I’m 18 years old and a sophomore in college [I went to school early] I was diagnosed with epilepsy when I was 11 years old. I have partial epilepsy so basically I pass out, and until last month I had never had a full convulsion. so last month I had a seizure in class and I shook and my eyes rolled back, when my friend told me this I was not only upset that I was going to have to change treatment, but I was embarrassed. I don't know what to do, I still feel completely weird in that class and I think that the people in the class probably think I’m the strangest person ever. What should I do to get rid of this feeling? Are my classmates worried about me, or are they thinking I’m some strange girl?
TeenHealthFX would like to give a little background on epilepsy to our readers who may not be familiar with the disorder. A seizure has to do with abnormal functioning of the neurological processes in our brain. As we go through each day, everything we do, say, think, and feel is first initiated by our brain through the activity of tiny “machines” called neurons. These neurons send signals to different parts of the brain and body to allow us to function. Sometimes, there is an excessive firing of neurons that is more than what is usually expected, and depending on the location of the overwhelmed neuron in the brain, our body will have different responses which we call a seizure, and it can last anywhere from a few seconds to minutes.
Seizures can be classified in various ways. The brain is composed of two hemispheres, and if the seizure activity is restricted to one hemisphere, it is called a partial seizure, while a generalized seizure involves both hemispheres. If consciousness is maintained during the seizure, it is called a simple seizure as opposed to a complex seizure in which one loses consciousness. Seizures can be further classified as to the specific types of motor reactions they cause. It is estimated that 1% of children in the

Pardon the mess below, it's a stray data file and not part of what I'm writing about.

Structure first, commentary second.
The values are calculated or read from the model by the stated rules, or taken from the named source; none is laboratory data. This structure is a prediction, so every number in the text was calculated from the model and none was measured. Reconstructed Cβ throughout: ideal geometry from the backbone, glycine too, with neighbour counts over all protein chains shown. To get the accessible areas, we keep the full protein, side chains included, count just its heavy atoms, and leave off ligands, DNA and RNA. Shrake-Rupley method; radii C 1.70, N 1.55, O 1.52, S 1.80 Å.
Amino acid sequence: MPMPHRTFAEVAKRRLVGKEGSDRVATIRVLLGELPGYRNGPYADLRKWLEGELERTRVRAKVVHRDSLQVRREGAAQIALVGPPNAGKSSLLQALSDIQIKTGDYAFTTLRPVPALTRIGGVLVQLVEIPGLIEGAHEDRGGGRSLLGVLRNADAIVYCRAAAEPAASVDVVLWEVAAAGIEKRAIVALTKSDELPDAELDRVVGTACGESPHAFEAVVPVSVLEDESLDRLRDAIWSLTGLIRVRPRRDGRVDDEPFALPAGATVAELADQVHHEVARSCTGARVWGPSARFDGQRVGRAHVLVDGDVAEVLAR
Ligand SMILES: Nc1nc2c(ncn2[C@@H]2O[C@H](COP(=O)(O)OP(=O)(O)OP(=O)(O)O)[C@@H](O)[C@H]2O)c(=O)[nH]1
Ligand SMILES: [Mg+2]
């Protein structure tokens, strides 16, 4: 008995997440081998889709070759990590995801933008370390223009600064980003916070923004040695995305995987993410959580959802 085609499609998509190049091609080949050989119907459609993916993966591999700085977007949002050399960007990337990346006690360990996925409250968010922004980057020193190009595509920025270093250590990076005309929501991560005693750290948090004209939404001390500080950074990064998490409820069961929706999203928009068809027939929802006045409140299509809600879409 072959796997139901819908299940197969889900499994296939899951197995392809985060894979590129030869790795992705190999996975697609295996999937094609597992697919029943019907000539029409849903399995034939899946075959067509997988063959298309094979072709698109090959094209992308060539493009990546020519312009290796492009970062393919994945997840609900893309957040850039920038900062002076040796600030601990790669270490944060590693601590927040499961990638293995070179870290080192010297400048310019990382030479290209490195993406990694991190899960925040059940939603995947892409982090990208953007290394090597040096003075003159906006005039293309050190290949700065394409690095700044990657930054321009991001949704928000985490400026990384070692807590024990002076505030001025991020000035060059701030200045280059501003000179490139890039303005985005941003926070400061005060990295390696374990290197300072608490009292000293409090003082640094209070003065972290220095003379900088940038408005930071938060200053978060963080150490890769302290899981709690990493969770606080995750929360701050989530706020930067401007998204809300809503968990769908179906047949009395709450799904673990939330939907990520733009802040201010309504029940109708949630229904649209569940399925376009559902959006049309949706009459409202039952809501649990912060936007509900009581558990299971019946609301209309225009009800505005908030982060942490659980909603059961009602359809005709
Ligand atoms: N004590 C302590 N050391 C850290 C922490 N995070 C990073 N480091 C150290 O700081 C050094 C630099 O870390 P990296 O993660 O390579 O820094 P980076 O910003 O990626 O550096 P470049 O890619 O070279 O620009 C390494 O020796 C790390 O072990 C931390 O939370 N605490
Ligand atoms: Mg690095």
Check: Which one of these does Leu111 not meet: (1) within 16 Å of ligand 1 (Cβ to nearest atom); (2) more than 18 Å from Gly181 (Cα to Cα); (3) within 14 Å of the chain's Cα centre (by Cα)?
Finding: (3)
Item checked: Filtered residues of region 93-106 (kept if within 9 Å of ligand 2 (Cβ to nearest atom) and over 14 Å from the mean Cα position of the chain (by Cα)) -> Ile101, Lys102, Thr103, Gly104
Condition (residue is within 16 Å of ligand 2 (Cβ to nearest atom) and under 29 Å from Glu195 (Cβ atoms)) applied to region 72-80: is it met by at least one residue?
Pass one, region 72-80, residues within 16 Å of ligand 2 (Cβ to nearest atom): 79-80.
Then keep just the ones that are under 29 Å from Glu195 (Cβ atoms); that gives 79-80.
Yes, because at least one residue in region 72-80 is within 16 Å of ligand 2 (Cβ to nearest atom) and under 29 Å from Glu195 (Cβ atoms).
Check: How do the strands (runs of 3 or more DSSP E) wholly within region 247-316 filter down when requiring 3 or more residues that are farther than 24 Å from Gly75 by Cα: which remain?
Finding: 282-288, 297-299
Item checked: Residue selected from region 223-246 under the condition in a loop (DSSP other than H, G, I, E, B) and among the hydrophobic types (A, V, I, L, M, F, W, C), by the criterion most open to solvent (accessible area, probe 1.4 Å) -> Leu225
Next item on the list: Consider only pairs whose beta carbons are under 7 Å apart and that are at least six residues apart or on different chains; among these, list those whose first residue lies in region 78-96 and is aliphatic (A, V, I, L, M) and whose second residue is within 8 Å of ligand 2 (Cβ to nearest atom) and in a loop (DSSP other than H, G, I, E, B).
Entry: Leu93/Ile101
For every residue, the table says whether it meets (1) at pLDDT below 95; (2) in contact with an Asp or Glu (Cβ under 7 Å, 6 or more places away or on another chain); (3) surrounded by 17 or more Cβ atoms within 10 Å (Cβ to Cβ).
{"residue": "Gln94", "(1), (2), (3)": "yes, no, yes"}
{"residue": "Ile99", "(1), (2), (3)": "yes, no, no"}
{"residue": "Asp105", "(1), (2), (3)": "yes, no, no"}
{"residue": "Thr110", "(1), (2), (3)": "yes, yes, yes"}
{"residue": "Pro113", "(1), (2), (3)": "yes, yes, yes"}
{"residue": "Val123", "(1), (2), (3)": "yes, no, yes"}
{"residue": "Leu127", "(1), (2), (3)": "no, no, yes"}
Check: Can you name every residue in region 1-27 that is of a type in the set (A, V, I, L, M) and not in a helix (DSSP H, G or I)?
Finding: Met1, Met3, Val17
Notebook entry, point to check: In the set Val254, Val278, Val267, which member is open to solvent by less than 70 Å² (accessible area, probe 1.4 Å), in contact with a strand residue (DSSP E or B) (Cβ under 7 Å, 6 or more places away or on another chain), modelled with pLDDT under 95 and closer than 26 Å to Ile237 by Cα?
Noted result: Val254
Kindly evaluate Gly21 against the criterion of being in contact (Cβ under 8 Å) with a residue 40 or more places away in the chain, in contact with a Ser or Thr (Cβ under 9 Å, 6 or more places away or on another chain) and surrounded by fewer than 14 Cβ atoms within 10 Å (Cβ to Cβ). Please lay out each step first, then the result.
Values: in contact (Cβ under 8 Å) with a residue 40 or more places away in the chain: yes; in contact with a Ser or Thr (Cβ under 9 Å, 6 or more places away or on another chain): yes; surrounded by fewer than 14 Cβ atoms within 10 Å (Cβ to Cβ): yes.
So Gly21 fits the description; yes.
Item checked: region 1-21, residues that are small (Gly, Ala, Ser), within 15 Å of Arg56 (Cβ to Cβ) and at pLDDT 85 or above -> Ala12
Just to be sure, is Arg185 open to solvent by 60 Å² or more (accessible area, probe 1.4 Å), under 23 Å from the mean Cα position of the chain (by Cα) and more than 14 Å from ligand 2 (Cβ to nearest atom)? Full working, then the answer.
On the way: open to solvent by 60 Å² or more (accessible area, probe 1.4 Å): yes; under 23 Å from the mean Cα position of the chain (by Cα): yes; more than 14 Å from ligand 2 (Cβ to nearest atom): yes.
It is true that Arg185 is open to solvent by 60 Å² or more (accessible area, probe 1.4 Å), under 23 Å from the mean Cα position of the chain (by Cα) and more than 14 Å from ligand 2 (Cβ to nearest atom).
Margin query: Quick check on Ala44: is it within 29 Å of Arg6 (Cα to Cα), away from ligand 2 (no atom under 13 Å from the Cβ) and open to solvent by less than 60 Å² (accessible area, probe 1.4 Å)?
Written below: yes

Though seizures can occur at unexpected times, many people who have epileptic seizures live fully functional and normal lifestyles. Over the past seven years, you have dealt with having epilepsy and you have learned so much about how it works and what it does to your body. For many others who do not have that experience or knowledge, epilepsy, and even seizures in general, is not a familiar topic. When you had a seizure in your class, many of the students were probably shocked and did not know how to react. It is only natural that they would be confused and concerned to see one of their classmates experience something that they had never before witnessed. In the same light, it is understandable that you would feel embarrassed or afraid as to what people might be thinking about you. Your classmates were most likely just concerned about your safety and well being and there is no need for you to feel embarrassed. Having epilepsy does not make you strange.
TeenHealthFX urges you to talk to someone at school to help you adjust with the situation just to make sure your participation, education, and grades do not get affected. There are always counselors available on campus who are very well acquainted with the college society and who will be able to help you establish more of a comfort level with yourself. In addition, do not hesitate from using this opportunity as a way to talk to some of your peers in the class if you feel they are approachable. It would also give them the opportunity to know more about you as a person.
We admire your ambition and strength and wish you continued success in your future. TeenHealthFX encourages you and others to visit the Epilepsy Foundation website where you can find more information and resources as well as forums for people in similar situations as yourself